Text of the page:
Don McCullin’s war photographs – taken over 30 years under fire in Cyprus, with the Israelis, in Biafra, Vietnam, Cambodia and Lebanon – are a harrowing testimony of man’s inhumanity to man. Though they have appeared in the world’s leading newspapers and more than one bestselling book, not until now have we heard at first hand the extraordinary story of his life. Vulnerable, rebellious, defensive, shy but passionate about his craft and the English countryside, he gives us the full fury of his resentment at the deprivation of his childhood. He is no less sparing of our emotions when writing about those he sees suffering even more than himself. During Hitler’s war he was evacuated but returned to grinding poverty in London to finish his toughening and growing up, stealing coal to keep his father warm when he was dying. The gang warfare of his youth bred in him a suicidal courage that again and again would have earned him medals as a serving soldier. His struggle to come to terms with the sophistication of Fleet Street was as bewildering to him as photographing starving children in the Congo one day and sitting down to a full table with his own family the next.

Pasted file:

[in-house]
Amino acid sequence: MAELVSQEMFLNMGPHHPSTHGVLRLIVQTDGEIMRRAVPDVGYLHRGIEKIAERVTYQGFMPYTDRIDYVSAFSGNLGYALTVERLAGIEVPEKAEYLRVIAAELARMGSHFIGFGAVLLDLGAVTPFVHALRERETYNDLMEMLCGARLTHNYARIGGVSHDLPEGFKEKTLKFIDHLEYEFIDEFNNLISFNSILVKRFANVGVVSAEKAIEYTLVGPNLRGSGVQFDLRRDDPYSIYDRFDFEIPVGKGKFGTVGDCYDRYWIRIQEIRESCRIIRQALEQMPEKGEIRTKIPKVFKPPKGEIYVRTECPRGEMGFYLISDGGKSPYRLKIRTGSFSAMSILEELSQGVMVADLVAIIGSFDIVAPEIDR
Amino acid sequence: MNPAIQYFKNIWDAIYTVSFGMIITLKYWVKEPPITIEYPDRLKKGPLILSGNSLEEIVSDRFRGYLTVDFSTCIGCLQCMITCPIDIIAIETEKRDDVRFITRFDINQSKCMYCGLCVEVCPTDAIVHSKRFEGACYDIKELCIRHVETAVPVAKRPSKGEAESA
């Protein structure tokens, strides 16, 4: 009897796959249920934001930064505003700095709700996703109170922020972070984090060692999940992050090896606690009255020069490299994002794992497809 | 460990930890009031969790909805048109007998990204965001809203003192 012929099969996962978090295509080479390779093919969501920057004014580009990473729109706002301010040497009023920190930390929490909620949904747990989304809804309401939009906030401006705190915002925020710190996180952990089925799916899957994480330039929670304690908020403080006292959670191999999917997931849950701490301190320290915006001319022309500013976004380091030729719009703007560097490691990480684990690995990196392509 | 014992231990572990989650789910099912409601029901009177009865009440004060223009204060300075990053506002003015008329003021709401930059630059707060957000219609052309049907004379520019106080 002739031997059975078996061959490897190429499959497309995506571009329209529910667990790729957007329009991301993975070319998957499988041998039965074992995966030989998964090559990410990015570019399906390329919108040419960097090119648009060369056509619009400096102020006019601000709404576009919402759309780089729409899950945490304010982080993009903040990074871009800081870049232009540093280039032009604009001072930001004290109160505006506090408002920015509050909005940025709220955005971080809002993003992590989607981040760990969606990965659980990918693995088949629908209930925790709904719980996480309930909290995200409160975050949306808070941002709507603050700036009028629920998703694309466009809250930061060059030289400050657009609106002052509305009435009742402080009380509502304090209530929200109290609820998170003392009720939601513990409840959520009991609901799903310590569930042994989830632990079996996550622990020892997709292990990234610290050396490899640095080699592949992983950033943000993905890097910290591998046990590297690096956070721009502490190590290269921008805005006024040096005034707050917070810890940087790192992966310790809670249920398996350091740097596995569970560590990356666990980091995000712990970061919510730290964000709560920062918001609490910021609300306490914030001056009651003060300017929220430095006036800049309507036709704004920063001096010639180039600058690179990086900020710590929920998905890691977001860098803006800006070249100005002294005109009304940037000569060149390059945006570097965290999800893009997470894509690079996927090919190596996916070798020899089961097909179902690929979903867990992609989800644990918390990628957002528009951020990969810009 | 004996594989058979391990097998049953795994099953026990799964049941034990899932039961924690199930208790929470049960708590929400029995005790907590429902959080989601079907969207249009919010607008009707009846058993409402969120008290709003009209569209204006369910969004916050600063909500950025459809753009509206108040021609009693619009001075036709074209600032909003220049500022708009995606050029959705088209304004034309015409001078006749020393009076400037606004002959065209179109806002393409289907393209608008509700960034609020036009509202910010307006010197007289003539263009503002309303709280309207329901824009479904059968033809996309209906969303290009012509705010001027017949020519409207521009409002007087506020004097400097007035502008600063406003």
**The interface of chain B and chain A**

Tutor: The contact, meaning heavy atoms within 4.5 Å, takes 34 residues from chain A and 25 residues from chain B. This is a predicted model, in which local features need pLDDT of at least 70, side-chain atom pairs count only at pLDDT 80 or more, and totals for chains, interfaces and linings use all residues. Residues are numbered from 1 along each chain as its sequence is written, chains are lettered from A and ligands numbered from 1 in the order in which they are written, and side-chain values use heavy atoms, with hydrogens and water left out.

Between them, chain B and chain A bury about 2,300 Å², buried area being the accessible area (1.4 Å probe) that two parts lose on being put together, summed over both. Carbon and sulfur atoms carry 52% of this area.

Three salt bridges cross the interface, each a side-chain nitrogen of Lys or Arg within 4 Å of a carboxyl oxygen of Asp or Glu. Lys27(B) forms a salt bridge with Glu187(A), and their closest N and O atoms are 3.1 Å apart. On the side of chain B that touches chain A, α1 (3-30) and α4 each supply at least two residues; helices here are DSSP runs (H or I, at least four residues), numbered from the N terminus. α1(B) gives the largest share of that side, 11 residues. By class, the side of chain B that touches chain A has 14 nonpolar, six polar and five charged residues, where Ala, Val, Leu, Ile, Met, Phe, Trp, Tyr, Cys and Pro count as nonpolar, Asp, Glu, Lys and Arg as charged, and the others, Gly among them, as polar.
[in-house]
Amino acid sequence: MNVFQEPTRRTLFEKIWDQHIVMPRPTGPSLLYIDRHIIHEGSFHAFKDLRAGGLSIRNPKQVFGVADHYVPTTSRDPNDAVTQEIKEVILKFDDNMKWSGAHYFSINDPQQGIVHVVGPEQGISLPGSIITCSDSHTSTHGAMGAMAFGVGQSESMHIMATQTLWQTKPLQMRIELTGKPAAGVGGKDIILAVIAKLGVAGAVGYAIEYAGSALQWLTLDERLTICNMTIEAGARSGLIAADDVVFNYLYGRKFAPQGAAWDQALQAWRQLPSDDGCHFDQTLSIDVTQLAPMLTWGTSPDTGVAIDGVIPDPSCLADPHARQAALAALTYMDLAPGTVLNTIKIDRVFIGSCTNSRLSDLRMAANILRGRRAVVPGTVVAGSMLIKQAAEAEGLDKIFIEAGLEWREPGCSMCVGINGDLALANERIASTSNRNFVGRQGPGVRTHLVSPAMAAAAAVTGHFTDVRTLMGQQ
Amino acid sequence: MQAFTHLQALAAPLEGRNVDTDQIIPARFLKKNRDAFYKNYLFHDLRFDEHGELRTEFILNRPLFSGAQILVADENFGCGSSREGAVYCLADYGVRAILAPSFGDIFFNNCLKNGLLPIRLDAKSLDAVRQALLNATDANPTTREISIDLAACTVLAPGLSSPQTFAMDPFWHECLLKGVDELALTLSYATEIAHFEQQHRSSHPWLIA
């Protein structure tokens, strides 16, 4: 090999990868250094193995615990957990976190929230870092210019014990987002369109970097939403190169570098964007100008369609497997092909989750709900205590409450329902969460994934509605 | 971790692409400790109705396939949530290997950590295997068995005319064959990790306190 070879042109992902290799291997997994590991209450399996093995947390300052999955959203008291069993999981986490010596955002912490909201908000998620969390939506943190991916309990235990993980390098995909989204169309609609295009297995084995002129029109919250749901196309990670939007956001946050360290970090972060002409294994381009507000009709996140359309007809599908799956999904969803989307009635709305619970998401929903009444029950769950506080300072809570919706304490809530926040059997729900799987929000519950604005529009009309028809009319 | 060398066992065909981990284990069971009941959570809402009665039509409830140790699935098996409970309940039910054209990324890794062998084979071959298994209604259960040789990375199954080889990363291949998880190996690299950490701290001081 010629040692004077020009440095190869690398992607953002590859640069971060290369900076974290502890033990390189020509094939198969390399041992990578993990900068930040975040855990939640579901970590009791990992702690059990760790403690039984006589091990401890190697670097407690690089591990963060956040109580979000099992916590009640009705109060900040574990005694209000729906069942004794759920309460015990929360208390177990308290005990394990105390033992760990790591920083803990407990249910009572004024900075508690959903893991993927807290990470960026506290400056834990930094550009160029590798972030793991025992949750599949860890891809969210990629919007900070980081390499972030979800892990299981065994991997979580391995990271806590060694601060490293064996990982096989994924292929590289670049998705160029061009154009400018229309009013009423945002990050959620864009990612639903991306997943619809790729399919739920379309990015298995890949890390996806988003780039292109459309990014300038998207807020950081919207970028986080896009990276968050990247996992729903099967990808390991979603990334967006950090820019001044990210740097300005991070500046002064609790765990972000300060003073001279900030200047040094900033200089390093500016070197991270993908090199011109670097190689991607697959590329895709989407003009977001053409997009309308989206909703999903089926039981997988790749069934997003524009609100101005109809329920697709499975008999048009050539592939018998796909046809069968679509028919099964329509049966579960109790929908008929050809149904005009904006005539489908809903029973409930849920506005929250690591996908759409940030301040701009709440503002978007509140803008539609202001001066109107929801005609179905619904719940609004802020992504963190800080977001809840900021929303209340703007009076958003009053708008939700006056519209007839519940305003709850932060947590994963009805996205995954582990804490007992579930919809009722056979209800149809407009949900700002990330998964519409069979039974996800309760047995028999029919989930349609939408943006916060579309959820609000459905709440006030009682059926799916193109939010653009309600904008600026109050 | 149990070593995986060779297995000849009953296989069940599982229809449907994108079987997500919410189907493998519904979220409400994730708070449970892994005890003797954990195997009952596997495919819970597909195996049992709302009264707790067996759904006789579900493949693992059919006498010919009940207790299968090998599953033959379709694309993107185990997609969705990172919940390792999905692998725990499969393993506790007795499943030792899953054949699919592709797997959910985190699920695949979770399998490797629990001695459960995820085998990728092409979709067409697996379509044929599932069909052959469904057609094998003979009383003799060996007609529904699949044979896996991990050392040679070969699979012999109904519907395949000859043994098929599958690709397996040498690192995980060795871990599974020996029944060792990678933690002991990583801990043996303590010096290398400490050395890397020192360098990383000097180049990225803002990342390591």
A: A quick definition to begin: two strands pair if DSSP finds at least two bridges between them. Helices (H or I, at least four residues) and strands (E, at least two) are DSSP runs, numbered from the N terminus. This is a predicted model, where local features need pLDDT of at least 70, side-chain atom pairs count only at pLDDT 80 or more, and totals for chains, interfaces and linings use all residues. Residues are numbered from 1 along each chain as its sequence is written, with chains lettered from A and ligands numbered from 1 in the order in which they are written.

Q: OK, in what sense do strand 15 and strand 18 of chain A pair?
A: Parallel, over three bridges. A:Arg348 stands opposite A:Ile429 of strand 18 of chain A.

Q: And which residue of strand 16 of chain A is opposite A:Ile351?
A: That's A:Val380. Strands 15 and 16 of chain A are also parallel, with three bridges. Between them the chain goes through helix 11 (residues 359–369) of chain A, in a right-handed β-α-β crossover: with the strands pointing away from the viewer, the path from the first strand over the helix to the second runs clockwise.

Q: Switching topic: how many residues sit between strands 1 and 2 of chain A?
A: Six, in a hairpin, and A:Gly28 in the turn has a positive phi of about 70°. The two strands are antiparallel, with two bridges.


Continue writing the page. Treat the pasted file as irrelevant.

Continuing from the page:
"If this was just a book of McCullin's war photographs it would be valuable enough. But it is much more." - Sunday Correspondent
"From the opening...there is hardly a dull sentence: his prose is so lively and uninhibited... An excellent book." - Sunday Telegraph
"If anyone is the living embodiment of the power of a photo, it is Don McCullin." - Christina Lamb, Sunday Times